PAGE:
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I love and hate Mitchell’s Plain

By Kirk Krotz

This has been one of the most interesting weeks of my life. I posted a music video on YouTube last week about my experience of growing up in Mitchell’s Plain and, for reasons unknown to me, the video has gone viral with over 200 000 hits.

For the first time in my life people are interested in what I have to say, my views on the world and, strangely for me, my personality. It’s been both overwhelming and flattering.

I wrote the song one night on my way to drop off a close friend in an area of Mitchell’s Plain called “Hell”. He has lived there most of his life. We chatted about all kinds of things – family, soccer, drugs and how bad the violence was.

The conversation left me feeling incredibly sentimental and disturbed at the same time. And it is this feeling that bore my song The Good and the Bad.

I realised I loved and hated Mitchell’s Plain equally. I loved it because it was the place I grew up in. I remember playing with friends in the “witsand”, the very same dunes where they found the bodies of the victims of the Station Strangler.

Mitchell’s Plain was the backdrop to some of the happiest times in my life. But I hated it equally because it is where I experienced so much trauma. I remember being about five or six and going to watch a movie at the Town Centre – the only mall in Mitchell’s Plain at the time – with my teenage brother.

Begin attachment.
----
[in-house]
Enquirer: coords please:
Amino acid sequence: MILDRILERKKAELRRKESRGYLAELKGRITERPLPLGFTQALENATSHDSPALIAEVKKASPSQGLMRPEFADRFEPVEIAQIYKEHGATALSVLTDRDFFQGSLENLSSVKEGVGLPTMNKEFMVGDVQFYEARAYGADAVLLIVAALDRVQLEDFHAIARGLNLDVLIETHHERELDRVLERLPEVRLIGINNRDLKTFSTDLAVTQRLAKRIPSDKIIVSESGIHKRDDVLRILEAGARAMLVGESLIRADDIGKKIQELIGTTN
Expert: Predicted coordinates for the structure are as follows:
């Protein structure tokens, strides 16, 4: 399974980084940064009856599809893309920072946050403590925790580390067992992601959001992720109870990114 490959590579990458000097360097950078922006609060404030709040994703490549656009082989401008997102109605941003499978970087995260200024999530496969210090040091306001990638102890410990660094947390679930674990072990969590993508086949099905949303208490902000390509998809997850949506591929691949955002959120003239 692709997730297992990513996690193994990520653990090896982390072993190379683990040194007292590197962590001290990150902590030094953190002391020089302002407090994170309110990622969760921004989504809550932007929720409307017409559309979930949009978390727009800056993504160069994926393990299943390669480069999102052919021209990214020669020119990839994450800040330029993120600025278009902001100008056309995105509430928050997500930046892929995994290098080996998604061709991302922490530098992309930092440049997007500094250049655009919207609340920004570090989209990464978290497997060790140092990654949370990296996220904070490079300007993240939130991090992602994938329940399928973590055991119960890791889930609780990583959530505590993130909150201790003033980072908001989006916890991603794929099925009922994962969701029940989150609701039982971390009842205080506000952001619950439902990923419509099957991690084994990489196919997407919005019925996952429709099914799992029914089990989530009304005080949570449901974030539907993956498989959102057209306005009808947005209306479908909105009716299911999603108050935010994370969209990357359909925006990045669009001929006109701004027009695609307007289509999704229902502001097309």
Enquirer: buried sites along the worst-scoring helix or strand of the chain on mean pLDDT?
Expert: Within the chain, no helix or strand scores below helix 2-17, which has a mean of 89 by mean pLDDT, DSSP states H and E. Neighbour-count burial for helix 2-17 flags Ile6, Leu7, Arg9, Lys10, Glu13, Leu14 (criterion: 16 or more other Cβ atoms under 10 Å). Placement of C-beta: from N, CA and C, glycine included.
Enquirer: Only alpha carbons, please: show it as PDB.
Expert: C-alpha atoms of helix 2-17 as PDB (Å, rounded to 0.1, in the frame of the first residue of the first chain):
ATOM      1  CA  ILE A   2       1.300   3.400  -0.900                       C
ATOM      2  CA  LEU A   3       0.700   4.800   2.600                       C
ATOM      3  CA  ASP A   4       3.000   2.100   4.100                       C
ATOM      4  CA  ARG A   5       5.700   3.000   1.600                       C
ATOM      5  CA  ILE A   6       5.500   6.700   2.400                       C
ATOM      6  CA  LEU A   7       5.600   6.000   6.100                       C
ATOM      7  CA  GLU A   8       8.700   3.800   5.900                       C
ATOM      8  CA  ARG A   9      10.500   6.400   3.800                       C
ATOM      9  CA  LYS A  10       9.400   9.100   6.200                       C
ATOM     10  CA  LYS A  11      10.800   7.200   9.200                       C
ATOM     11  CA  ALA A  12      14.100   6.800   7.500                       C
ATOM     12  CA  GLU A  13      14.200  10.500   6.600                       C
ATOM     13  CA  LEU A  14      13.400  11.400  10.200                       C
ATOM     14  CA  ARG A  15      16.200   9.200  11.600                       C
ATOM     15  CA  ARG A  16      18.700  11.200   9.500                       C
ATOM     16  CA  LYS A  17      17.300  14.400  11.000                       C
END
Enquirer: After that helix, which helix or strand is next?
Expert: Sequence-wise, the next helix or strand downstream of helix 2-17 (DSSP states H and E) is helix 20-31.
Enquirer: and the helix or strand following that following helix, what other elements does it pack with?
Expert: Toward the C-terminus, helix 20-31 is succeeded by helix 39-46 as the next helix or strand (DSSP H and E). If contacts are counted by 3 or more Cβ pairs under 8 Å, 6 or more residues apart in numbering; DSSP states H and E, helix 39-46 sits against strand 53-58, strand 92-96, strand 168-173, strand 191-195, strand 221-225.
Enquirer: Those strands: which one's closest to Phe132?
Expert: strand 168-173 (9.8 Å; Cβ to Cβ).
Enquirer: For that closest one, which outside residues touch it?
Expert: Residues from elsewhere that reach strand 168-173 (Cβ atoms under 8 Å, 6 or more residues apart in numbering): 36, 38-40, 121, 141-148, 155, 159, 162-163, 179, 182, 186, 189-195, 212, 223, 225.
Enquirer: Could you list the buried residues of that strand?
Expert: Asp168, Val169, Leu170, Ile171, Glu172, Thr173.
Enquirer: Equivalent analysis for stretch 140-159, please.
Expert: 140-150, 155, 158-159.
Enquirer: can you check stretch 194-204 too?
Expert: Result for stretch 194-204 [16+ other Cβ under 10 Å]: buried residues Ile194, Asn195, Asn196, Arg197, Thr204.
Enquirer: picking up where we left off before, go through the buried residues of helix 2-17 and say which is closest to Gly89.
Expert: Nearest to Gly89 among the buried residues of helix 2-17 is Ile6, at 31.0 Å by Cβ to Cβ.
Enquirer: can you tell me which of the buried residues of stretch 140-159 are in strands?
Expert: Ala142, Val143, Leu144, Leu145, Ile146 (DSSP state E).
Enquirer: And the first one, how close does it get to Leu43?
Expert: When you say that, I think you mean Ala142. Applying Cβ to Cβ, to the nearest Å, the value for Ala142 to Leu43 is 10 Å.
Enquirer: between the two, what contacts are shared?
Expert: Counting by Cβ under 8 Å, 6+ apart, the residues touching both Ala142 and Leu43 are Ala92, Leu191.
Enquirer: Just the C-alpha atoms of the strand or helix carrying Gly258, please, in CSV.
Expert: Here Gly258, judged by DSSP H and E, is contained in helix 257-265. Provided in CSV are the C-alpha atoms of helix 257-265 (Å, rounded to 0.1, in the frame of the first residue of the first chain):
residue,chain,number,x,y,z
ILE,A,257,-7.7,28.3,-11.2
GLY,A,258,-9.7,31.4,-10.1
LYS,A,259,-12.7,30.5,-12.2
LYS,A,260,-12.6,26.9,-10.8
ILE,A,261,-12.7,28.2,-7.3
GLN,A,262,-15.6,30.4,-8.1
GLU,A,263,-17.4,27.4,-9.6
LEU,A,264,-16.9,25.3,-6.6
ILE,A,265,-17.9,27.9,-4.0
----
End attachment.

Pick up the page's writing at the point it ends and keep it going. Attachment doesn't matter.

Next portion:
I remember how excited I was standing in line outside the bioscope when about 20m from us a scuffle broke out and I witnessed my first act of violence. A man was stabbed and another hit with a belt buckle on the head, blood squirting from his forehead in a neat stream. I have never felt so scared and vulnerable since. But with time, this type of trauma would become normal. And it was only in adulthood that I recognised that this was abnormal.

Fortuitously, the launch of my music coincided with the release of the national crime statistics.

Due to my father’s heading up the neighbourhood watch in our area and also being an active member of the Mitchell’s Plain Community Policing Forum for a large part of my childhood, we were always aware of the crime stats and how they affected our lives. Mitchell’s Plain had at one time or another been the deadliest place on earth.

Violence has always been a part of my reality. I remember several instances driving along with my father when he would jump out to mediate some domestic dispute, or when the unexpected appearance of his bakkie would disperse a gang fight. I recall one incident when I saw a guy who had just been attacked by a group of rival gangsters, standing metres away from me, covered in stab wounds.

He was walking around shouting at the top his lungs, “Stiek my! Stiek my, julle n*****s, stiek my!” I remember thinking how different from the fight scenes in the movie this was. In the movies, one stab wound would kill the victim.

As a child on the Cape Flats, violence is a major part of your life. It is not something you choose. It is a daily reality you learn to live with. And today this is still true, maybe even more so than when I grew up.

I now live in the southern suburbs with my family and the one thing I have noticed is my white neighbours’ obsession with crime.